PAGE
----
James Franco’s “The Disaster Artist” – Let’s indulge.

For someone whose birthdate, nationality, and endless source of funds are an enduring mystery to this day, Tommy Wiseau, the writer, director, producer, and star of the 2003 self-financed film The Room strikes me as essentially guileless. What you see is what you get. And what you get is…quite strange. From his pallor to his dyed, jet-black hair to his uneasy laughter in an ineffable accent, Wiseau is a living cartoon vampire whose most enduring mark on the world has been to make his very best impression of a Hollywood film, which ticks every box that he thinks a film needs to tick. Johnny (Wiseau) is a young bank manager who seems to have it all. Great friends like Mark (Greg Sestero), a great girl like Lisa (Juliette Danielle), a great betrayal when the two start sleeping together behind his back, and a series of additional random high-stakes subplots that are introduced and dropped without further ado. This is pure melodrama, and I must emphasize that what makes this film work so well is that – with the singular exception of Mike Holmes, who mugs horribly at the camera about his “underwears” – all of these actors are playing this horrendous and overwrought material completely straight. When criminal Chris-R (Dan Janjigian) threatens wayward, youthful creep Denny (Philip Haldiman) at gunpoint in a dispute over missing drug money (on a rooftop for some reason), they play it as straight as day players on Law and Order hoping to put together a convincing highlight reel. When Claudette (Carolyn Minnott) pauses a monologue about a real estate dispute with her brother with a surprise announcement that she has breast cancer, you feel it as surely as daytime TV. And you continue to feel it when the credits roll, along with a nagging realization that these events are never resolved or discussed again in any way. The Room is a bizarre, meandering film, and its saving grace is a lead and script whose ineptitude is only matched by its sincerity.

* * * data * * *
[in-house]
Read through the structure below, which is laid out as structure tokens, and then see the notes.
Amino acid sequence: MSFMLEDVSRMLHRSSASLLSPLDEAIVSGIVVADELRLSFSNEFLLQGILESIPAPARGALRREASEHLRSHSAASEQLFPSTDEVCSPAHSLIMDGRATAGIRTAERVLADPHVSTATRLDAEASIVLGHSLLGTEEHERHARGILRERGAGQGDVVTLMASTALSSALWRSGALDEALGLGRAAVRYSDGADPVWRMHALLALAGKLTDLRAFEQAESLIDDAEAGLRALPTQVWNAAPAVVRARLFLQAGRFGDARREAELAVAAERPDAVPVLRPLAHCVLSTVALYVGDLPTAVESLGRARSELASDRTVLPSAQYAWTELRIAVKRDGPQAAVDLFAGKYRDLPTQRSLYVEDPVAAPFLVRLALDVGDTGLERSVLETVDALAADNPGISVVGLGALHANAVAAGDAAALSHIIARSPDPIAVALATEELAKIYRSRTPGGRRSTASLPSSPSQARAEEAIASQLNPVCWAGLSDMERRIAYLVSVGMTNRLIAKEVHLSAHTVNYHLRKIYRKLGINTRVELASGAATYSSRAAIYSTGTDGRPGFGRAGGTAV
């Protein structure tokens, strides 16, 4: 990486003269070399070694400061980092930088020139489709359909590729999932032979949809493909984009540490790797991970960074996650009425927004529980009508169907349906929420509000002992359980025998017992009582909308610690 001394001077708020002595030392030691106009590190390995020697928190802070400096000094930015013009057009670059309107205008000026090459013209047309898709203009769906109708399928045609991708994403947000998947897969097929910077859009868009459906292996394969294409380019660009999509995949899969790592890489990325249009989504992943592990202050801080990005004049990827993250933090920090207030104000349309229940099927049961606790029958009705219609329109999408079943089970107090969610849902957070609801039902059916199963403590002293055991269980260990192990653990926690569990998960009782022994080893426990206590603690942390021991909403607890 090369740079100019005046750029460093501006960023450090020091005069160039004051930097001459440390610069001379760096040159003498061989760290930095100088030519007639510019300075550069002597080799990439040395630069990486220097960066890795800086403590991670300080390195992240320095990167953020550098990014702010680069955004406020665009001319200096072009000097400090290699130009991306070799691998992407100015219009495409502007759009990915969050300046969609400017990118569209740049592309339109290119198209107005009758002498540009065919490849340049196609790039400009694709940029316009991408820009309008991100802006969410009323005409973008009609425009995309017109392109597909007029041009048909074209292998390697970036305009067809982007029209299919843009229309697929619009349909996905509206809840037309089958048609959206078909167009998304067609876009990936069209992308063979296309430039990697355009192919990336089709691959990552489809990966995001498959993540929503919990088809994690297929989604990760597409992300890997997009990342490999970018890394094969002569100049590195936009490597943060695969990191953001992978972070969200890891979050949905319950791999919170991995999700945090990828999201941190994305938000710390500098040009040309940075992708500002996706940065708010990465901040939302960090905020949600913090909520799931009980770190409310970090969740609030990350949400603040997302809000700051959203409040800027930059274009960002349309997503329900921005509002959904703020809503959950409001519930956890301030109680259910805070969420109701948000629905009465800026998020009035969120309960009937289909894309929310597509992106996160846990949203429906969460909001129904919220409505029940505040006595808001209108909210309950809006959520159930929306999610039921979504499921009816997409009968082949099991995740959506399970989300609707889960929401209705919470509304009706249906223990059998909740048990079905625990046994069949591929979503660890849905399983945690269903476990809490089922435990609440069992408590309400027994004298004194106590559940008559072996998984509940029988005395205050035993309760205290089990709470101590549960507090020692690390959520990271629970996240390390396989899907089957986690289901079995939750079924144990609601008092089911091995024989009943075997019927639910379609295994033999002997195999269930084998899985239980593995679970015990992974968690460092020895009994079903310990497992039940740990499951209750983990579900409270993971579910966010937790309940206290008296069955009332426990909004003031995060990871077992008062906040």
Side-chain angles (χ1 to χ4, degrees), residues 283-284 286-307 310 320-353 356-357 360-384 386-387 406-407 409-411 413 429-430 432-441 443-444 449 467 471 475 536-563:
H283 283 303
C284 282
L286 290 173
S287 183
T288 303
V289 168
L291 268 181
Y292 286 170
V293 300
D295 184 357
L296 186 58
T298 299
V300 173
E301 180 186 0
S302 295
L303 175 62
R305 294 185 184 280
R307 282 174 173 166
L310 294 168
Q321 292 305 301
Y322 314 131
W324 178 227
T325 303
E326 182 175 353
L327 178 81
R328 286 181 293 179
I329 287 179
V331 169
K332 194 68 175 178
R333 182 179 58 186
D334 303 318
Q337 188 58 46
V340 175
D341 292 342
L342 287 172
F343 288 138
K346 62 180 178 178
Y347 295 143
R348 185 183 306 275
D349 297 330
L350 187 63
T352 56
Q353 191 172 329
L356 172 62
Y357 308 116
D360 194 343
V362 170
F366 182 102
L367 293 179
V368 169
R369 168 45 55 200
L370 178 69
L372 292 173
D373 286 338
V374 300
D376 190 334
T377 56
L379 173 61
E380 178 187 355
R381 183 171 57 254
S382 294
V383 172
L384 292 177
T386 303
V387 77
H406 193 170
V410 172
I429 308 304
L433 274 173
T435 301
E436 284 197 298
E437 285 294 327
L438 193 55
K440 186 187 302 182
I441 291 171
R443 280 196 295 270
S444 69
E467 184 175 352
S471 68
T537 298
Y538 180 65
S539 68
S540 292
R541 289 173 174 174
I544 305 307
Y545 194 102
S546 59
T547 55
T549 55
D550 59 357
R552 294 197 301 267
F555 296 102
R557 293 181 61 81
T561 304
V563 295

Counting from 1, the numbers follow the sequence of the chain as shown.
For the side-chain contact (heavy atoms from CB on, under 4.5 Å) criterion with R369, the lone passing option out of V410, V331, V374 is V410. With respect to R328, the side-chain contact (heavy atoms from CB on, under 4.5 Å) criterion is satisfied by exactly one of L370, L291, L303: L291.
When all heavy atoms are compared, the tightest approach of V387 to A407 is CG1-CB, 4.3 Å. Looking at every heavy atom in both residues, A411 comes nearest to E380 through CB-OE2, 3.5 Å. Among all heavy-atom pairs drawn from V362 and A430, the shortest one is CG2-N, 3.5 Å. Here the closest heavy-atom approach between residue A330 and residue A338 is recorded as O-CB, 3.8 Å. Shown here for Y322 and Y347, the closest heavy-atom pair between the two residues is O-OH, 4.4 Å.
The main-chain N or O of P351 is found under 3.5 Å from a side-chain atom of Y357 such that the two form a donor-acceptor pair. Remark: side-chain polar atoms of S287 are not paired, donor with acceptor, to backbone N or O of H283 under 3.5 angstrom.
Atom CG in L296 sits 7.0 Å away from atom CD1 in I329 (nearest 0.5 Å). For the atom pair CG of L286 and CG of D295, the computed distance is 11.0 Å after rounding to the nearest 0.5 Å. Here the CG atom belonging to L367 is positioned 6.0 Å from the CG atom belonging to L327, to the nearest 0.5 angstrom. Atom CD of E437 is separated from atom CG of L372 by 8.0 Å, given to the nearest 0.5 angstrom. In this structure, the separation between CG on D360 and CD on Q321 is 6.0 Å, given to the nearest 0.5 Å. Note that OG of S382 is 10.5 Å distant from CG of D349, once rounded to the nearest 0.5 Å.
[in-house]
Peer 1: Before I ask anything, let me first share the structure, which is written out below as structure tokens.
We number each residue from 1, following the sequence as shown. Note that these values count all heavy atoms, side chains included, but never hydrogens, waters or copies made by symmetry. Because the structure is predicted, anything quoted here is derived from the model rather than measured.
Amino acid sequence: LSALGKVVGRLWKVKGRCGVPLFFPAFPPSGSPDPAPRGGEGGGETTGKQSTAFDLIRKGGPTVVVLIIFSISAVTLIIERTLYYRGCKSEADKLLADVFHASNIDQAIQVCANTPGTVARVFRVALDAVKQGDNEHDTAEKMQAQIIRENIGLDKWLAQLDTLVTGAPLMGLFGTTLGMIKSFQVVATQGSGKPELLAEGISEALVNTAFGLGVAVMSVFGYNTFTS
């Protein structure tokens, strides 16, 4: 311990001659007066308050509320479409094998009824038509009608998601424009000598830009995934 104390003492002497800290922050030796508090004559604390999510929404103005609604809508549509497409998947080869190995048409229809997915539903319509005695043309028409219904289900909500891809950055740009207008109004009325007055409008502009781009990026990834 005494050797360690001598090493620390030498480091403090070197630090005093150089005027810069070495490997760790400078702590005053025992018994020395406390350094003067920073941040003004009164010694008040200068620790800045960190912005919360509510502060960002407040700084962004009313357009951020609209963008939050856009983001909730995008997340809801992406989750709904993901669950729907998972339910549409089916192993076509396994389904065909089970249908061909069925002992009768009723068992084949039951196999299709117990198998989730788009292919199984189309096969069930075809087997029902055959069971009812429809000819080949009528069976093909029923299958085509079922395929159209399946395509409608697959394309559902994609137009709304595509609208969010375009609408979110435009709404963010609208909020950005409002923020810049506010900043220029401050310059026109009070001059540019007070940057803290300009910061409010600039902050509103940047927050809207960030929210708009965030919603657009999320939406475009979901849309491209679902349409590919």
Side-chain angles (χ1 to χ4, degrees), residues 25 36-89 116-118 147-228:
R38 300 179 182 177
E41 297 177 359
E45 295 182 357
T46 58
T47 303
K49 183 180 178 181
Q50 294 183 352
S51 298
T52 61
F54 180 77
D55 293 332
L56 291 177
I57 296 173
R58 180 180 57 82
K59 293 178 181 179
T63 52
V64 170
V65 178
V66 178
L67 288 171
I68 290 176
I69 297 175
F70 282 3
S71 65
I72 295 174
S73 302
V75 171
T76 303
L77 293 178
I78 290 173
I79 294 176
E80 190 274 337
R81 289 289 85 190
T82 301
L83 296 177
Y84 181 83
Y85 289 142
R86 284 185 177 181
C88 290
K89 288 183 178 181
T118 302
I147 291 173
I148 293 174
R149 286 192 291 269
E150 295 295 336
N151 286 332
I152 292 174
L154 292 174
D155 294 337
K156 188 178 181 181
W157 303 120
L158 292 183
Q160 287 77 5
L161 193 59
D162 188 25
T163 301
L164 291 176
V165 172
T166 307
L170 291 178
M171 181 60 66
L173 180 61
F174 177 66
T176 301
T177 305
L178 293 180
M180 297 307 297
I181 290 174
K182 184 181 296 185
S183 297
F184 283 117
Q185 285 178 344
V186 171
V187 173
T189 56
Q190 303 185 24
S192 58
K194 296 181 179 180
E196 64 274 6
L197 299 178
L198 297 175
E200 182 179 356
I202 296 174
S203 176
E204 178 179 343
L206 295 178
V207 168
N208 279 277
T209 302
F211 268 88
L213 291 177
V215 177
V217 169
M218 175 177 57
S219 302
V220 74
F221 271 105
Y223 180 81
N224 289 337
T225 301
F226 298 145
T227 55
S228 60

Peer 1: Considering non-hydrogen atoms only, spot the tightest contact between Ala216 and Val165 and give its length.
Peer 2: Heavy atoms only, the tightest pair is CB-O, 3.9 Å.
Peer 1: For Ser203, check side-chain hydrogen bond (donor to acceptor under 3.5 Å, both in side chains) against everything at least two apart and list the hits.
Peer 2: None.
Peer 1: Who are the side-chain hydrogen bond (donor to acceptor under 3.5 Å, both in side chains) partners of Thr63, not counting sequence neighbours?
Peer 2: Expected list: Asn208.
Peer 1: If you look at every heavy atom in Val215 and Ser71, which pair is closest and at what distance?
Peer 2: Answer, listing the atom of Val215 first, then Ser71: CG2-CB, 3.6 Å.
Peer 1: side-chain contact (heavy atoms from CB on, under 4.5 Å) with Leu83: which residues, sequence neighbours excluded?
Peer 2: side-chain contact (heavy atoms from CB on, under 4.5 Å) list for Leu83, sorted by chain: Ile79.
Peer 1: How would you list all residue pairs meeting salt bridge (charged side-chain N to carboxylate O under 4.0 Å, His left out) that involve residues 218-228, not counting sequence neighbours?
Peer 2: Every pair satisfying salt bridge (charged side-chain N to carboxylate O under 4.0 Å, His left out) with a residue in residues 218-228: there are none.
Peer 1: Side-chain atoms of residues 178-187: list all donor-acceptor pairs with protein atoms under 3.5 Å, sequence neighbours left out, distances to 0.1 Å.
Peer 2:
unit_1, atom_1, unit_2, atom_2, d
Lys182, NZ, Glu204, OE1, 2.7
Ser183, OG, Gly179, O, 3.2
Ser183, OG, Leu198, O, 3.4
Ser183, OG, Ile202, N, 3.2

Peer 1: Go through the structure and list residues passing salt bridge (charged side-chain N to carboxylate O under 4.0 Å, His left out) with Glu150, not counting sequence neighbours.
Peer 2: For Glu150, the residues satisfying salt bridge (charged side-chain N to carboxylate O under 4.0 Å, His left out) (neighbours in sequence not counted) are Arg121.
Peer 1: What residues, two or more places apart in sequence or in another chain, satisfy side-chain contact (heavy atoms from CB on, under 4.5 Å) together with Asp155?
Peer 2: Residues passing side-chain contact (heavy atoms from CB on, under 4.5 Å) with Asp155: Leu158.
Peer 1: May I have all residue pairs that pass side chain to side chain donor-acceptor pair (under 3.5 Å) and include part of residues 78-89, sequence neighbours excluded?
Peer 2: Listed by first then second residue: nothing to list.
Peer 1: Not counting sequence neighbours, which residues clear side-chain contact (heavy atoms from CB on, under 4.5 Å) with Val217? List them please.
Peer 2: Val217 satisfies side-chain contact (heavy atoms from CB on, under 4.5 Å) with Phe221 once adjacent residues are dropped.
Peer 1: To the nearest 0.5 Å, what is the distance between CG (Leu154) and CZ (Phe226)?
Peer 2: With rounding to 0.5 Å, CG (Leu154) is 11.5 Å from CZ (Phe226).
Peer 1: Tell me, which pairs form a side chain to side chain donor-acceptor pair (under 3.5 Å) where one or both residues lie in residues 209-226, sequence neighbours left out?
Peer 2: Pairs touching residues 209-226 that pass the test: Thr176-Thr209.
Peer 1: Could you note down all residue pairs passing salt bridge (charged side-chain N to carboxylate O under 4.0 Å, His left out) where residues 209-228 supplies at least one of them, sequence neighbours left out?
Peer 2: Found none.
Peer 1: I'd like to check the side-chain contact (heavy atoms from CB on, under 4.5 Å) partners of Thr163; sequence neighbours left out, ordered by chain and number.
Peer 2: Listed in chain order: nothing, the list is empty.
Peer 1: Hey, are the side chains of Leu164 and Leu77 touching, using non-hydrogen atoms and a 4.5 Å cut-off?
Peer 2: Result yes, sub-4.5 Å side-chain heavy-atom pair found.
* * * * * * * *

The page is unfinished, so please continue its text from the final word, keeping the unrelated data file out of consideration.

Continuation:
So what do we make of this film, in which young actor Greg Sestero (Dave Franco) becomes friends with Tommy Wiseau (James Franco), and – in the act of writing the book that inspired this film – repeatedly violates Wiseau’s oft-spoken admonition not to discuss him behind his back? Is this a memoir, or a polemic? Is it a tribute, or a betrayal? After I watched the film’s trailer, which consisted of repeated attempts to film a wonderfully bizarre rooftop scene, I went in with a question in mind: who exactly is this movie for? Would this be a mere celebration of Hollywood and filmmaking, like The Artist or Hugo or [literally hundreds of other films]? Or is it an exhibition of nostalgia, intended purely for superfans of The Room? I’m thinking here of something akin to Cary Elwes’ memoir, As You Wish, which consists of 273 pages of saccharine anecdotes from the set of The Princess Bride (including the time he and the entire cast got the giggles from André the Giant cutting a thunderous fart during a scene that they had to play seriously) – less a cutting exposé, and more a parallel novel with a likely dollop of fan-fiction, neither offering any grand insights on the filmmaking process, nor particularly sullying the nostalgic glow that surrounds a beloved film. Something nice, but thoroughly inessential. The answer I came up with is that it pretends to be the former, but it is definitively the latter. This is an indulgence akin to Ed Wood, a thoroughly entertaining film which holds little appeal without prior familiarity with the featured director. It ends with a completely unnecessary credits sequence of side-by-side comparisons between Wiseau’s film and Franco’s recreations, which we’ve already seen throughout the film. I didn’t need this, but I wanted it. Make no mistake, I was delighted by this film, but it is fundamentally a parasitic – or perhaps symbiotic – work that feels less like a meal and more like a bowl of miniature Kit Kats.